What to Eat

Russian cuisine is full of delicious delicacies which will tempt your taste buds. One of the main dishes that appeals to visiting tourists is Russian pancakes, or “bliniy.” It is similar to a French crepe and includes various toppings such as meats, jams, and vegetables. Try pancakes with red caviar to make your dish more extravagant and worthy of a Tsar’s meal. Wash down your pancake with honey beer (Medovukha), which is an alcoholic beverage which is similar to mead which has the sweet taste of honey to quench your thirst.

Souvenirs

No grand tour of St. Petersburg is complete without taking home treasures fit for a Tsar. Here are some of the most popular souvenirs which you should consider adding to your treasure trove:

  • Matryoshka Doll – These dolls are often referred to as Russian nesting dolls and is usually painted of a Russian woman in traditional Russian clothes. But these days you can find Matryoshka dolls with everything from President Putin to American football teams.
  • Amber Jewelry – Amber is actually fossilized tree resin which has been valued since antiquity as a gemstone. About 90% of the world’s amber comes from Kaliningrad, the western enclave of Russia on the Baltic Sea. Amber jewelry is something very unique to Russia that you can take home with you and cherish forever.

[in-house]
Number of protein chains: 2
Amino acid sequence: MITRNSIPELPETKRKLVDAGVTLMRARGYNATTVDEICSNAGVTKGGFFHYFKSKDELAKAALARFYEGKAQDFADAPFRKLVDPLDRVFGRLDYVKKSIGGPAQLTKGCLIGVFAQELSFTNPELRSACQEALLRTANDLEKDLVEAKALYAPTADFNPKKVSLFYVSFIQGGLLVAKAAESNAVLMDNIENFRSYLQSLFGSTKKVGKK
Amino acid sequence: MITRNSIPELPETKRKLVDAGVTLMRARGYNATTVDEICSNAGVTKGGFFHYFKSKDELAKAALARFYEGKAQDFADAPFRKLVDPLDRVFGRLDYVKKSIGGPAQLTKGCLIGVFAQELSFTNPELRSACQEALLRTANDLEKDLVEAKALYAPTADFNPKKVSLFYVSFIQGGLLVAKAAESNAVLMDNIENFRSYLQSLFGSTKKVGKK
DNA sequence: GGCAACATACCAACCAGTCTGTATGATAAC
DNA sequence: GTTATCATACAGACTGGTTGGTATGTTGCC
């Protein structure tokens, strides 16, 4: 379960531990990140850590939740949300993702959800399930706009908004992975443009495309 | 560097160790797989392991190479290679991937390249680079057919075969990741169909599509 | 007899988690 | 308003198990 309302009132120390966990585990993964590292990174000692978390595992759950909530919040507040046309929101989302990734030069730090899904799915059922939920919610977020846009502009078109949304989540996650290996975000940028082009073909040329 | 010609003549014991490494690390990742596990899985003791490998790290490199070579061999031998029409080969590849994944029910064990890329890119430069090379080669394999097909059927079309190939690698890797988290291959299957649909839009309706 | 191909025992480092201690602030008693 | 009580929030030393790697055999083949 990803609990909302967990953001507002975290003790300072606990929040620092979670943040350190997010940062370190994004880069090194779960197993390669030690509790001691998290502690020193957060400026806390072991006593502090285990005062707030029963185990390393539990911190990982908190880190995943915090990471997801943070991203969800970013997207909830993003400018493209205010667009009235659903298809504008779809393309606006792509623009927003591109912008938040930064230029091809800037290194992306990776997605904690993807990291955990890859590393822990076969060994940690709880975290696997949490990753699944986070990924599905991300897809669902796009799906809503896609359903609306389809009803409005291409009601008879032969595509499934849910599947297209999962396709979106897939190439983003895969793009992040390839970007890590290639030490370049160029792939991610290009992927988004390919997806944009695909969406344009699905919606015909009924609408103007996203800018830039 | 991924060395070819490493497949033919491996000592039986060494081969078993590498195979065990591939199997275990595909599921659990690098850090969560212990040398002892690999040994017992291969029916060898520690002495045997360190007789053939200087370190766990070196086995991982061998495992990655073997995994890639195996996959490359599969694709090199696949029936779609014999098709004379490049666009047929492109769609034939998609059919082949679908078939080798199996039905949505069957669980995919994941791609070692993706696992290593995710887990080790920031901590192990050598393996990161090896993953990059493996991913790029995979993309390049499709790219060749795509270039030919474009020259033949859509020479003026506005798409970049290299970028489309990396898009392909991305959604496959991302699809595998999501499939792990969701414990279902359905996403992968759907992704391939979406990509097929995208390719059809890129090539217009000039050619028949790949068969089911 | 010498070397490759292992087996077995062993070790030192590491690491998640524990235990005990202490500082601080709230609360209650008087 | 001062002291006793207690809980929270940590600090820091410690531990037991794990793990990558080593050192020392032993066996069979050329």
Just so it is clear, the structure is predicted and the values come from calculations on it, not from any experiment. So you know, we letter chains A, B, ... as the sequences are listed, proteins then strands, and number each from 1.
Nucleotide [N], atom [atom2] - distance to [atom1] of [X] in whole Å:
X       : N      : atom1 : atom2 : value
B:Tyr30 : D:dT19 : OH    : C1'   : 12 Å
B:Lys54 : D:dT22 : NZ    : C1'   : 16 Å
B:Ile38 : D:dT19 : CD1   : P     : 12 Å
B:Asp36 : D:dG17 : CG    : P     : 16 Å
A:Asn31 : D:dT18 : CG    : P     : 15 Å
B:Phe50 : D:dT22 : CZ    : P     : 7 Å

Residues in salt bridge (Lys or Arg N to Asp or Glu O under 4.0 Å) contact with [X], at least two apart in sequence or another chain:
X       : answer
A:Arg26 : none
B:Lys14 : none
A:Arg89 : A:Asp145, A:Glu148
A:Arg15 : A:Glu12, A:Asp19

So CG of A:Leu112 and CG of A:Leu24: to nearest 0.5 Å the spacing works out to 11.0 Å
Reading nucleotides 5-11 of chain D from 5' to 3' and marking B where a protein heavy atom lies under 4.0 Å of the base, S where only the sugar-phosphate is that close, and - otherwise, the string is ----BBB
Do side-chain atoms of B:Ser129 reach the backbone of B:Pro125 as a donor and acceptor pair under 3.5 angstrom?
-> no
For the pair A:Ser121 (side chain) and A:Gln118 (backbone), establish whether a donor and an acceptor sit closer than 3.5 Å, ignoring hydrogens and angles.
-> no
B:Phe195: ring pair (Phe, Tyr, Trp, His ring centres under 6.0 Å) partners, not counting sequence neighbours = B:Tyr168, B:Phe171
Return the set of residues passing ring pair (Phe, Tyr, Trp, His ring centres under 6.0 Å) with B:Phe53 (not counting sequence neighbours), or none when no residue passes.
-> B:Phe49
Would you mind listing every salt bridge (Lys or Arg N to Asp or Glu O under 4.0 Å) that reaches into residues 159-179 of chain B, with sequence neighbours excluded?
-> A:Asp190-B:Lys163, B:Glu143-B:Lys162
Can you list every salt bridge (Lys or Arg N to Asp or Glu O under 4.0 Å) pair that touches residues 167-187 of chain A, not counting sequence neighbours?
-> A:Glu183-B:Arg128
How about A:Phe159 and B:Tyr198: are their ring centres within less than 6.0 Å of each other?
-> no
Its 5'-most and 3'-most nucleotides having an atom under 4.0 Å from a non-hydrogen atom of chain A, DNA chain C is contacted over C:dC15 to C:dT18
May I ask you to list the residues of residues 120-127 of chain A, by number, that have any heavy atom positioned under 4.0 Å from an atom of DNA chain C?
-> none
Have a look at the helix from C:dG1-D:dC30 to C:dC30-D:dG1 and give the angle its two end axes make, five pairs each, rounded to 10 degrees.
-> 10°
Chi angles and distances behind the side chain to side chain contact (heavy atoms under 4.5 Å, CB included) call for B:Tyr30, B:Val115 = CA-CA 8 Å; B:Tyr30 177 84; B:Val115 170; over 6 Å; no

The Tsar’s Guide to a St Petersburg Tour - Tsarskaya Vodka Gold
Tsarskaya Vodka Gold
  • Russian Vodka – As cliche as it may sound, visitors from around the world don’t leave Russia without taking a bottle of the Russian national drink with them. There are countless varieties although for the purposes of this article we recommend Tsarskaya Vodka Gold complete with an image of Peter the Great on the bottle and filtered through gold membranes. This vodka is truly fitting for your Tsar tour of St Petersburg.